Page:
All decisions and opinions of the Massachusetts Appeals Court are issued in writing. Generally, they will state whether or not the trial court’s judgment will be upheld and explain the reasons why. This is a guide to understanding how, where, and when the Appeals Court Justices deliver their rulings.
How and When Appeals Court Decisions Issue
The Massachusetts Appeals Court decides all appeals before it by issuing a written decision. Generally, the court's decision will state whether or not the trial court judgment will be upheld and explain the reasons why. A decision by the court will issue after oral argument is held, or after a case is given to a panel of judges for consideration “on the briefs,” that is, without oral argument. While there is no time period set by law or the Massachusetts Rules of Appellate Procedure, a decision generally issues within 130 days.
When the decision issues, all parties to the appeal will receive a notice informing them that a decision has been rendered with instructions on how to receive the full text of the decision from the Office of Reporter of Decisions. The date of this notice starts the clock, so to speak, for filing any application for review of the decision.
Decisions are issued in two forms: as full opinions, which are published in the volumes of the court reporter and as “unpublished” decisions that are also referred to as 1:28s, after the Massachusetts Appeals Court Rule that describes them. These unpublished decisions are noted in the court reporter but the full text is not “published” there. Even though they are not published, they are legitimate decisions of the court.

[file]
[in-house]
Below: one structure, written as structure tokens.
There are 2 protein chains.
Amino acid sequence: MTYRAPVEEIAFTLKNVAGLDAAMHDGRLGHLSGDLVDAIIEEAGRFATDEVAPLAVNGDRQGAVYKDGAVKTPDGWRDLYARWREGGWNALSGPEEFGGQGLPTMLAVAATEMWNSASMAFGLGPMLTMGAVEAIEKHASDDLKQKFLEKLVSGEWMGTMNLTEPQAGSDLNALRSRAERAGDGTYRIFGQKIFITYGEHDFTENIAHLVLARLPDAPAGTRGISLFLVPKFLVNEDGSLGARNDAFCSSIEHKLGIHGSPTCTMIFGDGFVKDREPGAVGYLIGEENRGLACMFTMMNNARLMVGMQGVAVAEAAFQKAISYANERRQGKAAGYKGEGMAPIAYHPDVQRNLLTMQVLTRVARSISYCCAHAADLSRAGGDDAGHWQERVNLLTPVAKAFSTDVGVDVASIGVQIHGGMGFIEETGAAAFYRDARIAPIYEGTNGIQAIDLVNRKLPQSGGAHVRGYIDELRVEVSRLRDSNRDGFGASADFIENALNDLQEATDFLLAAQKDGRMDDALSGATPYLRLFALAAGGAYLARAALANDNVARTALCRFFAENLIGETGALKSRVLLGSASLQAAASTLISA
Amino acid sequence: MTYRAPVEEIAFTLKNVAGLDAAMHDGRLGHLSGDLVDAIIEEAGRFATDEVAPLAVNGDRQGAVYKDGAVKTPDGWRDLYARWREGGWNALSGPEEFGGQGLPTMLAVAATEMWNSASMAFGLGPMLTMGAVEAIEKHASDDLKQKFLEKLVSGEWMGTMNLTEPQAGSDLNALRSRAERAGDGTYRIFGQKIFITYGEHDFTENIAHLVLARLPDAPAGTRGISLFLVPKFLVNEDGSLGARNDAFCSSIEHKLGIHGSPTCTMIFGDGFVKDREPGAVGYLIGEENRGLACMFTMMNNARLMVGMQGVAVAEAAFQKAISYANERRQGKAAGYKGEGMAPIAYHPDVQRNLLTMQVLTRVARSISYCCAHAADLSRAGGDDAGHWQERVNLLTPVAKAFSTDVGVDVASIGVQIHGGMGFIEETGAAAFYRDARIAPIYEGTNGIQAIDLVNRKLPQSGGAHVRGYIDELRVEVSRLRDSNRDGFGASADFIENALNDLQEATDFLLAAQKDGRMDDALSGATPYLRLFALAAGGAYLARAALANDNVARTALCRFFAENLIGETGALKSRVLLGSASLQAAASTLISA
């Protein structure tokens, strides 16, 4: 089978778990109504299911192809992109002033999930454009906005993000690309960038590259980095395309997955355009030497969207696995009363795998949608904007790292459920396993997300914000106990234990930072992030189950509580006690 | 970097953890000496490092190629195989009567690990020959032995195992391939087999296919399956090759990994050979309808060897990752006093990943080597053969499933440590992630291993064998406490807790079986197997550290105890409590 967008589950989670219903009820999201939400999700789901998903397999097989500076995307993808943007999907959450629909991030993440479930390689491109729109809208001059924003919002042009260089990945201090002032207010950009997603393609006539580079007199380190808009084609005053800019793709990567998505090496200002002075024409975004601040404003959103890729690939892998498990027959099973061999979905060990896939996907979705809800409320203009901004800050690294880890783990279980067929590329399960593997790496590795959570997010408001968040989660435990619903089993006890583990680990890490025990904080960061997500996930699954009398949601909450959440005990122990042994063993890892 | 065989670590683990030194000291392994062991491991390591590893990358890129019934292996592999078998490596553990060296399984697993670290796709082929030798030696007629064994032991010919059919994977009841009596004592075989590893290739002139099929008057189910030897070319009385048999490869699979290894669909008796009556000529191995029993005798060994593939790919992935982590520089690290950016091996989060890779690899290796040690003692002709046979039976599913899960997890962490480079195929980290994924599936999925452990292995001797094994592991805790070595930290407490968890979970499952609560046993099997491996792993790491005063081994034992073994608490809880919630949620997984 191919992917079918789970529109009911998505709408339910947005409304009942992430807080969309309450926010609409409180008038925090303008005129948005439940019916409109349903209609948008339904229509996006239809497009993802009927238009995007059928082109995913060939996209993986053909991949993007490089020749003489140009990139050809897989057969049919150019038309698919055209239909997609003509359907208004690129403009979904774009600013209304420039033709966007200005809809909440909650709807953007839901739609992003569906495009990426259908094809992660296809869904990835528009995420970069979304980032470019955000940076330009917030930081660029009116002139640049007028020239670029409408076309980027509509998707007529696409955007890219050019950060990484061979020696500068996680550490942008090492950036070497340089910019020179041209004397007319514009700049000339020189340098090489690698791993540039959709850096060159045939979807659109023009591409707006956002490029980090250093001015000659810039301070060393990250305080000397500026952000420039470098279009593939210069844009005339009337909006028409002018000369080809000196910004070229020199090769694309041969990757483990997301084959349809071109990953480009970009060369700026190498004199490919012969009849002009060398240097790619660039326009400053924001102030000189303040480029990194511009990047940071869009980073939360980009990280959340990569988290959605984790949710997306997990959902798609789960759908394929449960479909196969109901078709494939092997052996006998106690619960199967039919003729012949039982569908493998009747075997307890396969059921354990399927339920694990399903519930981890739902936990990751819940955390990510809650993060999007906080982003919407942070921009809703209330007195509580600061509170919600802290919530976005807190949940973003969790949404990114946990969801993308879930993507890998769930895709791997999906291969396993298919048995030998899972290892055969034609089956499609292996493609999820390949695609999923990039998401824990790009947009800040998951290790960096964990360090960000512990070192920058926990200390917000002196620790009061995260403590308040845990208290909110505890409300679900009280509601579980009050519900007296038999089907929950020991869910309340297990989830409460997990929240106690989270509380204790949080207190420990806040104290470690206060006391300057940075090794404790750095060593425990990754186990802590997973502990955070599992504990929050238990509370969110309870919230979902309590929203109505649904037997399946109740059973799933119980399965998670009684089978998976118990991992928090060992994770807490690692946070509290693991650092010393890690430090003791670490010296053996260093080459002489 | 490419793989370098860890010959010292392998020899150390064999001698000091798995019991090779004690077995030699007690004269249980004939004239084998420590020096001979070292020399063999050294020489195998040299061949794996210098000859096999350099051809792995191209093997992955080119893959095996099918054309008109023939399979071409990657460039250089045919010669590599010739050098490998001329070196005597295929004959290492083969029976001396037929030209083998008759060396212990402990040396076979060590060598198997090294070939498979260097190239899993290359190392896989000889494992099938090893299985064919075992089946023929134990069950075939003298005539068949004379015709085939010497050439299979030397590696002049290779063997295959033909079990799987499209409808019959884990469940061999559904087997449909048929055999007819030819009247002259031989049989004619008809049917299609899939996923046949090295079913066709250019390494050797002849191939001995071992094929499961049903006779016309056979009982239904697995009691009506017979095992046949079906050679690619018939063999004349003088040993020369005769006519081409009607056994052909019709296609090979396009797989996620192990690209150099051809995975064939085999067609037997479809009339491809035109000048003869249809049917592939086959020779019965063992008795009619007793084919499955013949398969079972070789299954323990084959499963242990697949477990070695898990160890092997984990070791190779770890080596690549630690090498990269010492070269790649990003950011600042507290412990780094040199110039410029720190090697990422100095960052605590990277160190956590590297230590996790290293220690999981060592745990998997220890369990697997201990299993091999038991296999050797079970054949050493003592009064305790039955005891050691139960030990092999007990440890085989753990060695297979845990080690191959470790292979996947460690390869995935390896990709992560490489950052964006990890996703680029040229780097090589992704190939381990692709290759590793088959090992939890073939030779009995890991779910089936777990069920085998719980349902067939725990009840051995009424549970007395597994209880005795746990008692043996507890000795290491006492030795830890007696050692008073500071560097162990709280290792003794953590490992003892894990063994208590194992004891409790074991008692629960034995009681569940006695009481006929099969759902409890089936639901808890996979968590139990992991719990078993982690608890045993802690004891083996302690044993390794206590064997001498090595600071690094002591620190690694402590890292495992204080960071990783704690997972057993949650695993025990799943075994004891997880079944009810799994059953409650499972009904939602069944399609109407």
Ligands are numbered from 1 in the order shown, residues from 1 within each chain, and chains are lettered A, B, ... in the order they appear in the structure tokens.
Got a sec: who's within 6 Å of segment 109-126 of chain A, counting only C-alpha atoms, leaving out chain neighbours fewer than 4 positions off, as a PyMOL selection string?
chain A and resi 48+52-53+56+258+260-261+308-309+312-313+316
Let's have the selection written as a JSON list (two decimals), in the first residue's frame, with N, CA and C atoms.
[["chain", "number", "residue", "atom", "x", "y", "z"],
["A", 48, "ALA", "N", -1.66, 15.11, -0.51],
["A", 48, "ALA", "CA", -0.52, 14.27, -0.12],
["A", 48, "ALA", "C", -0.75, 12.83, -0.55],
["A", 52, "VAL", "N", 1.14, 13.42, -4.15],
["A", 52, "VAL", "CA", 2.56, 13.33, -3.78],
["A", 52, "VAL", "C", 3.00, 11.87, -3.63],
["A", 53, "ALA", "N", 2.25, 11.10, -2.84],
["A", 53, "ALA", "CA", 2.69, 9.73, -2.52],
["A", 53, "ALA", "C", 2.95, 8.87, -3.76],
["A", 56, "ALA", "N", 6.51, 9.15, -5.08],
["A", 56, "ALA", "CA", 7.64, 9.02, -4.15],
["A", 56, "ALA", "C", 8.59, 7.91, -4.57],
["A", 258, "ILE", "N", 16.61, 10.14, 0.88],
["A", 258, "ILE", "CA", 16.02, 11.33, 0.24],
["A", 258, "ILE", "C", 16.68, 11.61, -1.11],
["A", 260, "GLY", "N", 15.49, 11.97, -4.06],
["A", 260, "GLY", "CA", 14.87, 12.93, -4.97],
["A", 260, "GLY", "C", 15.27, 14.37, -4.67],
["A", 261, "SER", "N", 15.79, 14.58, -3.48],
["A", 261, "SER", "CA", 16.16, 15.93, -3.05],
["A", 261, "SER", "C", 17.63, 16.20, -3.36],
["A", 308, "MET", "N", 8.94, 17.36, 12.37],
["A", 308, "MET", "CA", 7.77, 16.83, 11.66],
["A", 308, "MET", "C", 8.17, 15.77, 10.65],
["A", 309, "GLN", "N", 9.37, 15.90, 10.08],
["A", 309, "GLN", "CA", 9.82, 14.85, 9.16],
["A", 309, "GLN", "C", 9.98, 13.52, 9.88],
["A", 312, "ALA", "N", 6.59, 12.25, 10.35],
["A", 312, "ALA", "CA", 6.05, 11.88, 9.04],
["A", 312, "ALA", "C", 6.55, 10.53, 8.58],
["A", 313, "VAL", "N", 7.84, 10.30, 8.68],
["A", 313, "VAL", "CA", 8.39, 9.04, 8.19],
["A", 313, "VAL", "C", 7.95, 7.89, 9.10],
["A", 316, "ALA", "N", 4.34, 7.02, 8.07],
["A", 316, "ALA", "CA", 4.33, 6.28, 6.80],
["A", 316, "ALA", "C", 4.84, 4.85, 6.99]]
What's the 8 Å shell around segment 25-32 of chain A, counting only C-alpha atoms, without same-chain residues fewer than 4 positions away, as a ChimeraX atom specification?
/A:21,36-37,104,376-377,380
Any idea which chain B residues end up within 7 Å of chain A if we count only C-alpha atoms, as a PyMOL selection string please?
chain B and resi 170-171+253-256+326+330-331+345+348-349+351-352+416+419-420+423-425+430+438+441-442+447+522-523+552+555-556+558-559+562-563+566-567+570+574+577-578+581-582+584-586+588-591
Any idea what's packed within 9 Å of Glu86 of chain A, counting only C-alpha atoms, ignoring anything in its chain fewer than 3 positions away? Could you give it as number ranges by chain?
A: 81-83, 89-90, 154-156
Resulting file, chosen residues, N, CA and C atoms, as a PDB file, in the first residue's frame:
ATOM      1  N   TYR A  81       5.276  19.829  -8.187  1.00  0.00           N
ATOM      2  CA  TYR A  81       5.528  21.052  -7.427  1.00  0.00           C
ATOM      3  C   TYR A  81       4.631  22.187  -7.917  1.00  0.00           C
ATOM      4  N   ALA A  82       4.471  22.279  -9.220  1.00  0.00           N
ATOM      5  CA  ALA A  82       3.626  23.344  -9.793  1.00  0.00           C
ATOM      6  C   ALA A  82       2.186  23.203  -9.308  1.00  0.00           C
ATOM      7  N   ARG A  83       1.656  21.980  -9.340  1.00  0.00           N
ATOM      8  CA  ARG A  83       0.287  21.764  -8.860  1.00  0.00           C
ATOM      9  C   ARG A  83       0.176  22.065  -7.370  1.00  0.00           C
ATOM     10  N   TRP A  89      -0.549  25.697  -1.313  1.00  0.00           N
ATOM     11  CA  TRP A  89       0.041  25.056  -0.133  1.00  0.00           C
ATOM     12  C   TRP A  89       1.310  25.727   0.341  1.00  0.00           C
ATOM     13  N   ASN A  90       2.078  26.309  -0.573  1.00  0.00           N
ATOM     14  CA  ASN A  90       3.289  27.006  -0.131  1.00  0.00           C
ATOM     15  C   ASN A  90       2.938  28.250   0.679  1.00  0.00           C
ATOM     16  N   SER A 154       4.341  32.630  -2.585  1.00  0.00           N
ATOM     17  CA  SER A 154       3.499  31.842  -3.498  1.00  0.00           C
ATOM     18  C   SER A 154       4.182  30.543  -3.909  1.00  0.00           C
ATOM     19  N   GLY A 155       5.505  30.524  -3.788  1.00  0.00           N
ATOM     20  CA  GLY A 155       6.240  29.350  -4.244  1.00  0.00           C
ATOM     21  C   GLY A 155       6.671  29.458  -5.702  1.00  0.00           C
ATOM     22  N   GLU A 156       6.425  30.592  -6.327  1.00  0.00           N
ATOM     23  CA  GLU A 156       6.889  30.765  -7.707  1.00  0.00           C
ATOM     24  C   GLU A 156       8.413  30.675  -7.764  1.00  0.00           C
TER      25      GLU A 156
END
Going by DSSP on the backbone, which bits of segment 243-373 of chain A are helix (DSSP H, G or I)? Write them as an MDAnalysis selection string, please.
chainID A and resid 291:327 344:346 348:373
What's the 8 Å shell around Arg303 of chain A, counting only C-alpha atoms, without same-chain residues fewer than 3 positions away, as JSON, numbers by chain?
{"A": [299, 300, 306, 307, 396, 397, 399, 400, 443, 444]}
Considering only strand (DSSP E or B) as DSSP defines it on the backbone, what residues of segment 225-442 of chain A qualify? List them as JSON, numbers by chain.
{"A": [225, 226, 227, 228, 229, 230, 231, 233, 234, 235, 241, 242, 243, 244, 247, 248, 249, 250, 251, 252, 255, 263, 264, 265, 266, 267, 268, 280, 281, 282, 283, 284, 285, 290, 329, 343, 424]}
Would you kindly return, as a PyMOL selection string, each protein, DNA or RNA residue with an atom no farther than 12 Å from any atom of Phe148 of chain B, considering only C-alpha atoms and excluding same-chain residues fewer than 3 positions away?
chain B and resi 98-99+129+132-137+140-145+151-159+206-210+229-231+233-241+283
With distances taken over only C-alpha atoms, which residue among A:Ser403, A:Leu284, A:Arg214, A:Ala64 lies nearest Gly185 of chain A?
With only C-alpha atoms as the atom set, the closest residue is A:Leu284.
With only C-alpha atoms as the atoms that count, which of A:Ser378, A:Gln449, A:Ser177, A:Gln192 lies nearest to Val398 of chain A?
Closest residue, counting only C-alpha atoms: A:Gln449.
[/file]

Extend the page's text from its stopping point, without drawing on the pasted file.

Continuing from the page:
Whether a decision is issued as a full opinion or a 1:28 does not affect a party’s right to file a petition for rehearing or seek further appellate review if they contest the decision.
Appeals Court full opinions and 1:28 decisions are available online at no charge through the Reporter’s Office, with some exceptions.
Issuance or Stay of the Rescript and Entry of Judgment in the Lower Court
The appellate court’s decision is also known as the rescript. "Rescript" is the term used for the appellate court's order directing the lower court's further conduct of the case. When the appellate court issues a rescript, the appellate court is ordering a lower court to enter the judgment on which the appellate court has decided. See Mass. R. App. P. 1(c) and Mass. R. App. P. 28.
The rescript is first released to the parties and the public on the day that it is entered in the appellate court's docket. In most instances and barring a stay, the rescript then issues to the lower court twenty-eight days after the rescript was released to the parties and the public. When the rescript is issued to the trial court, and the trial court enters the judgment ordered by the rescript, the appellate court's decision takes practical effect. See Mass. R. App. P. 23 and Mass. R. App. P. 28.
The issuance of the rescript to the trial court is automatically stayed when a party to the appeal files a timely petition for rehearing or a timely application for further appellate review. In those cases, the rescript will not issue to the trial court until the petition or application is decided. See Mass. R. App. P. 23. A petition for rehearing must be filed with the clerk of the appellate court within fourteen days of the rescript being released to the parties and the public. See Mass. R. App. P. 27(a). An application for further appellate review must be filed with the clerk of the Appeals Court and the clerk of the Supreme Judicial Court within twenty-days of the release of the rescript to the parties and the public. See Mass. R. App. P. 27.1. If the petition or application is denied, the rescript issues to the trial court immediately. See Mass. R. App. P. 23.